• Abnormal Pap Test

    A Pap test, also called a Pap smear, is a test done during a woman’s pelvic exam to screen for cervical cancer.

    Patients can be seen by Texas Children's experts in Pediatric and Adolescent Gynecology.

    Causes & Risk Factors

    An abnormal Pap test means the cells collected show abnormal changes. It does not necessarily mean a woman has cancer. There are many causes for abnormal Pap tests, including infections. 

    Symptoms & Types

    If results are abnormal, a doctor may recommend:

    • A repeat Pap test
    • A colposcopy – a procedure that uses a high-powered microscope (colposcope) to view the tiny cells on the cervix. A small tissue sample, known as a biopsy, may be removed for closer examination.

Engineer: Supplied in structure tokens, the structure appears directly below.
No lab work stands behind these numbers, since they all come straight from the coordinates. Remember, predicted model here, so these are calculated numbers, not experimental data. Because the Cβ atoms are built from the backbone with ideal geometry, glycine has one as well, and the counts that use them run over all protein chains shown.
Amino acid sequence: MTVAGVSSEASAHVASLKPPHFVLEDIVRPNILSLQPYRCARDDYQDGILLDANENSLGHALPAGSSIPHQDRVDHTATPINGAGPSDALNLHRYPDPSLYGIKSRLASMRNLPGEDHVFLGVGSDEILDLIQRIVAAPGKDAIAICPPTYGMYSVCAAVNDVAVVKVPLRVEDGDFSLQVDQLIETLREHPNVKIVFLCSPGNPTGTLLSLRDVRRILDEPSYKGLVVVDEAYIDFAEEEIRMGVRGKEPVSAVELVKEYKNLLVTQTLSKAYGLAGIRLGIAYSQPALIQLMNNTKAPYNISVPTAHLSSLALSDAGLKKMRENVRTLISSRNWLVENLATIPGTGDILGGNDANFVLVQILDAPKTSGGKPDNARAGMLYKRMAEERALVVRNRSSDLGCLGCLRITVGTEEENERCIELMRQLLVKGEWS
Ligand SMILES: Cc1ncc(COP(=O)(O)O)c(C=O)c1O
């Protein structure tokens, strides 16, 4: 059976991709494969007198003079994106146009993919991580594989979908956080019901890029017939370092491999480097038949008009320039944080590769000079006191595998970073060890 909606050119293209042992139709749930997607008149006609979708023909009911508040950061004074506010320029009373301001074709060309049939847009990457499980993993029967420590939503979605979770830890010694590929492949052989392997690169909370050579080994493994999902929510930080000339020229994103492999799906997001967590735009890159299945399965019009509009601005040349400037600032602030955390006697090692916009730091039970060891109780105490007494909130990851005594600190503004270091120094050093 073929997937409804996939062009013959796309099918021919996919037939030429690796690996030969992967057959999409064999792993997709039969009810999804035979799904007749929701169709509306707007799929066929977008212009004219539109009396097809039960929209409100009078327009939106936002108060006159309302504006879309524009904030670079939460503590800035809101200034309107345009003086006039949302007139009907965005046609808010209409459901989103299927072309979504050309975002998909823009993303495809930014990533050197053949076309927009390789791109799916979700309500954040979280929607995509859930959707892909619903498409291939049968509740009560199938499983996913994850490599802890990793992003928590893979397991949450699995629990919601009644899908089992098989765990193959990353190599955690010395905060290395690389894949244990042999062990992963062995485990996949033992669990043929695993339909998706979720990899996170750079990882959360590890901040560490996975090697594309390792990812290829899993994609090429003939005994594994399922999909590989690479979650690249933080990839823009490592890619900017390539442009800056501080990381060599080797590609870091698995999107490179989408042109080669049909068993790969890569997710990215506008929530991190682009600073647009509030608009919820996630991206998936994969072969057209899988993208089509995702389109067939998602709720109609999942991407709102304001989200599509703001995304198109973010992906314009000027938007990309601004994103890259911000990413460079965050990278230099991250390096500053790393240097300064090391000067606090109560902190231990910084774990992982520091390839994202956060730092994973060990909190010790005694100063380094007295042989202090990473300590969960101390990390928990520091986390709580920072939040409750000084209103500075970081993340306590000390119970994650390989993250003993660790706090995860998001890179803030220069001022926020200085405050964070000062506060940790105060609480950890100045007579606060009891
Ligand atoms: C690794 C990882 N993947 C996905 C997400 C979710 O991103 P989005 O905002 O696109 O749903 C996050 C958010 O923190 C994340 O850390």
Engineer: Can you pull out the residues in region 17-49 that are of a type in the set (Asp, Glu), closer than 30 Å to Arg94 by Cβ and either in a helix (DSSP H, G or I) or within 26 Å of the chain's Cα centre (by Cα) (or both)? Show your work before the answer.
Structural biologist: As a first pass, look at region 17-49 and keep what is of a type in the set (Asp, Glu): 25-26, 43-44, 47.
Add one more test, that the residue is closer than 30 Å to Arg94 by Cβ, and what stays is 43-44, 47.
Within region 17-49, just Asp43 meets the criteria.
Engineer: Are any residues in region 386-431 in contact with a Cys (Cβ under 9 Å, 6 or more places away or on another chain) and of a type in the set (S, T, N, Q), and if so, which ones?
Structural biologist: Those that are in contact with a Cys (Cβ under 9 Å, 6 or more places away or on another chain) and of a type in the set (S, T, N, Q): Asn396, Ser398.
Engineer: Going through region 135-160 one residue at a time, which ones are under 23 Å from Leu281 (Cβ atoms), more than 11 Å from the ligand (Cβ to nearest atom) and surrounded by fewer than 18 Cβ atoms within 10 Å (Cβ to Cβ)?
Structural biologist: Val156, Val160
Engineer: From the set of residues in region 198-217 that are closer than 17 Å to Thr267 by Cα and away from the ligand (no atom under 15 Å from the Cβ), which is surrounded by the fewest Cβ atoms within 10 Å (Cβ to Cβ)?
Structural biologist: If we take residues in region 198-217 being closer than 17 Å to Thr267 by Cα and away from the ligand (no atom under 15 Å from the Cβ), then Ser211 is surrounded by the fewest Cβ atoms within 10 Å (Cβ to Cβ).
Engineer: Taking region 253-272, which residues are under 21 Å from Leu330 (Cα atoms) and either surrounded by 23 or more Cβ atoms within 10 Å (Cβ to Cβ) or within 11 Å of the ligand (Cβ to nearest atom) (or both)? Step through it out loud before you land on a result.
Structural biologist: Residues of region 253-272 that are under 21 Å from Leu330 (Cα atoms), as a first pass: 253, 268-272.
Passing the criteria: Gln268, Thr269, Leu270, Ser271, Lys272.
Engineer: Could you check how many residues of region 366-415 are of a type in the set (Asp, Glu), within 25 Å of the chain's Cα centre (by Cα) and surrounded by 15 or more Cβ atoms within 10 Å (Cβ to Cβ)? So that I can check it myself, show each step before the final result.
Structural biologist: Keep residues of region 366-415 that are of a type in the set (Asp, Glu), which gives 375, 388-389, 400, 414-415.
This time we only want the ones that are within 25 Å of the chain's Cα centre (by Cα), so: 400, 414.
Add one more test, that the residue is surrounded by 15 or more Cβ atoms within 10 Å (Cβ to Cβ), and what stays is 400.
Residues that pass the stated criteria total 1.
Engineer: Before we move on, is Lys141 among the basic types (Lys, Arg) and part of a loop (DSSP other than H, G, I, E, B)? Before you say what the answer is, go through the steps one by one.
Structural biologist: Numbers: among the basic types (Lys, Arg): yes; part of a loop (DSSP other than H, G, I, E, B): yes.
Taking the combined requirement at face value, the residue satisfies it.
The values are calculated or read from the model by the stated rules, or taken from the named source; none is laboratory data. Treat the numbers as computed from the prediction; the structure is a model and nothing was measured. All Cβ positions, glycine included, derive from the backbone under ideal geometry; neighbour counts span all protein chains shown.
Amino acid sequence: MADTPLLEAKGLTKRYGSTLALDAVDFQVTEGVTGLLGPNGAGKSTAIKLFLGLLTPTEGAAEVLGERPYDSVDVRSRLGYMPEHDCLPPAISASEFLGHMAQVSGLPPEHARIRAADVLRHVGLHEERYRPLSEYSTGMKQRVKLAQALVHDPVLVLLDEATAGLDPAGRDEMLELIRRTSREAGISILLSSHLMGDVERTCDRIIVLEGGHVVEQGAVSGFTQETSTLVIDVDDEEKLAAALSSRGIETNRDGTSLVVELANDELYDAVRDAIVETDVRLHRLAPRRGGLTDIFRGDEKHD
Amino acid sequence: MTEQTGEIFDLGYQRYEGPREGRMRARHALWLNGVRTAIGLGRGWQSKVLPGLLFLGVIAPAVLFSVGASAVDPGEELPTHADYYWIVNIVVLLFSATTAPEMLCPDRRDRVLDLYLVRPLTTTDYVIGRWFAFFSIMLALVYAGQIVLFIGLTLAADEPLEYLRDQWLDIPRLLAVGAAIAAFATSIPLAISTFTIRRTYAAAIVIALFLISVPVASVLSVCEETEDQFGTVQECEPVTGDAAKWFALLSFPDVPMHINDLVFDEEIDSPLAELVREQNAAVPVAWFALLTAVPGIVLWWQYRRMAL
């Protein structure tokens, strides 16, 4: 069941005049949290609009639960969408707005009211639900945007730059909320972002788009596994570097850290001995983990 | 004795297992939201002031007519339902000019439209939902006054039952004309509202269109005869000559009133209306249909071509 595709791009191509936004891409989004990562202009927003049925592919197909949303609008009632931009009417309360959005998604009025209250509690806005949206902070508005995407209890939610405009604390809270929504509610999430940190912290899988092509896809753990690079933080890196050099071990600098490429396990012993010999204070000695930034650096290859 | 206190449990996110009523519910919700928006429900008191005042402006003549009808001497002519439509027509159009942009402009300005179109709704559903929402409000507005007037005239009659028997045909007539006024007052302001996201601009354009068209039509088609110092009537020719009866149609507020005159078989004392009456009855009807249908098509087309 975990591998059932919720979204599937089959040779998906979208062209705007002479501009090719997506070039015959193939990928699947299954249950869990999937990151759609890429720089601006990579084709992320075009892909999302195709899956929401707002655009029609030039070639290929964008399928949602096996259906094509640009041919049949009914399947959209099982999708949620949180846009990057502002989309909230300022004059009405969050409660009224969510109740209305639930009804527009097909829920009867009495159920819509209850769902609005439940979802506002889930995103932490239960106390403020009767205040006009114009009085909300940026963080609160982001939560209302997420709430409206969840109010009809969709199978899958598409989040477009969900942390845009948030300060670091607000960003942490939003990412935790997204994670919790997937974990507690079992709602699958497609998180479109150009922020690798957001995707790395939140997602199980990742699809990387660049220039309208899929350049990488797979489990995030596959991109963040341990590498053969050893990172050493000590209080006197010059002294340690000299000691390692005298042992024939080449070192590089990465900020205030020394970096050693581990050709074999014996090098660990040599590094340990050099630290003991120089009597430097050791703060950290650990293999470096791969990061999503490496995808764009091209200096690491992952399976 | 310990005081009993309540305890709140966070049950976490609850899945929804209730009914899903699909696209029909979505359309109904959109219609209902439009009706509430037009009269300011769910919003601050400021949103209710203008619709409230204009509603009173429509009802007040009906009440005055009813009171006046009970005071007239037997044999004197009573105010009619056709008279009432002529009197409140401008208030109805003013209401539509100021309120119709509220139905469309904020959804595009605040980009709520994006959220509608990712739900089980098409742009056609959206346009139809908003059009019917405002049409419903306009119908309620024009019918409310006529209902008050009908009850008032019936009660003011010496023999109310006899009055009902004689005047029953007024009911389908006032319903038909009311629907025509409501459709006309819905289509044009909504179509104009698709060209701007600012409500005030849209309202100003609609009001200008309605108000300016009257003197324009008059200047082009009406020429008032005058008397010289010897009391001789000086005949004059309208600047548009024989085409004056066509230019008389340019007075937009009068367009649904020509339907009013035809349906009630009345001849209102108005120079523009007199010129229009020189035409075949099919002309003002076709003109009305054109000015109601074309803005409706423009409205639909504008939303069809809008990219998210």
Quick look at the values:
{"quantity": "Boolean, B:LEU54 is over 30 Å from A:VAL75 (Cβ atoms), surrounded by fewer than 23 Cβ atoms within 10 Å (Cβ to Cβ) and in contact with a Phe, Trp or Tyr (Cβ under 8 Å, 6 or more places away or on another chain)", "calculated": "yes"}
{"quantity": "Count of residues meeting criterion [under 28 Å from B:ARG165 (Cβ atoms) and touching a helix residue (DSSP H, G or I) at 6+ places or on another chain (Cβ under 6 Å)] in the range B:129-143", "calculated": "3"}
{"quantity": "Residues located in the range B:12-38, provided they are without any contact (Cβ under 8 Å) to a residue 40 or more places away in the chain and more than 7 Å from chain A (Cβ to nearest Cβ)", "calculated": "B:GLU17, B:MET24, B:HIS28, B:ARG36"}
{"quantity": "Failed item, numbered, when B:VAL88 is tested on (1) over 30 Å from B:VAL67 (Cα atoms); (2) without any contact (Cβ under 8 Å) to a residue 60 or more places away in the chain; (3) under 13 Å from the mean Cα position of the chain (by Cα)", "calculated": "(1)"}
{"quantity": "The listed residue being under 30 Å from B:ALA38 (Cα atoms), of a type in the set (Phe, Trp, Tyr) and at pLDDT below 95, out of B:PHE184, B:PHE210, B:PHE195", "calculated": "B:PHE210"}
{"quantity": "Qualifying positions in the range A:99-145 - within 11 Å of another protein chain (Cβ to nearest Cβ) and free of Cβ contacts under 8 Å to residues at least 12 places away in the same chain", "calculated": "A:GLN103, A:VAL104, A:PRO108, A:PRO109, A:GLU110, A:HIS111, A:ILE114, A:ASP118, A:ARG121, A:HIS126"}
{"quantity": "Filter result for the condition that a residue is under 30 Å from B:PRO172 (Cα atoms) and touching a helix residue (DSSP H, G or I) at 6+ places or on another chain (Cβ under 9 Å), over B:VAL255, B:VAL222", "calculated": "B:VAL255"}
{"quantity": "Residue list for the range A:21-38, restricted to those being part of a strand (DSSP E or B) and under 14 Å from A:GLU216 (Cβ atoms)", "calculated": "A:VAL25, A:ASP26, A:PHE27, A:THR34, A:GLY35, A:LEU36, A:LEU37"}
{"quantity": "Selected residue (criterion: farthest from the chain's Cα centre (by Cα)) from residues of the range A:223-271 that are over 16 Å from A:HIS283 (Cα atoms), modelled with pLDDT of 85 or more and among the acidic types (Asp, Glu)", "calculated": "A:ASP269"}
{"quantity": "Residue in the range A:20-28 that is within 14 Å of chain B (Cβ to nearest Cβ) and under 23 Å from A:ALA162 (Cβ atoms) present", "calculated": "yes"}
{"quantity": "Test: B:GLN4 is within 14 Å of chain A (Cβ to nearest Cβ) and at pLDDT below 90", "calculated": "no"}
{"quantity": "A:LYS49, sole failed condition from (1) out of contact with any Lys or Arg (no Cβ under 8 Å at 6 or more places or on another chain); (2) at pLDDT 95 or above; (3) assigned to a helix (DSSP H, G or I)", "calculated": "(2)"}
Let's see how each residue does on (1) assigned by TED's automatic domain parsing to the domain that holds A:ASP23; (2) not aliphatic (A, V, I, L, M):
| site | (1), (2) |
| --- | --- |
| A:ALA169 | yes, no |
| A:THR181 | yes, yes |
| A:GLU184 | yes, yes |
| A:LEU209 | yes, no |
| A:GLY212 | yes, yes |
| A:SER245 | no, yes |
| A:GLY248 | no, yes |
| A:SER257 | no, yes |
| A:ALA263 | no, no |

Diagnosis & Tests

    During the procedure, the doctor gently collects some cells from the cervix (the lower part of the uterus) using a tiny brush. The cells collected are examined under a microscope for changes that may lead to cervical cancer. In some cases they may also be checked for sexually transmitted infections (STIs).

    Living & Managing

    The American College of Obstetricians and Gynecologists (ACOG) recommends young women have their first Pap test at 21 years of age.

    If a woman was sexually active before age 18, or has special risk factors such as HIV or immune problems, a doctor may recommend earlier or more frequent Pap tests.

    Regular Pap tests can help prevent most types of cervical cancer by finding and treating precancerous cells early. 

    Diagnosis and Treatment Available at Texas Children’s:

    Reviewers/Authors

    Other Contributors

    Jennifer Kurkowski, WHNP

    Date Reviewed

    2012-07-13
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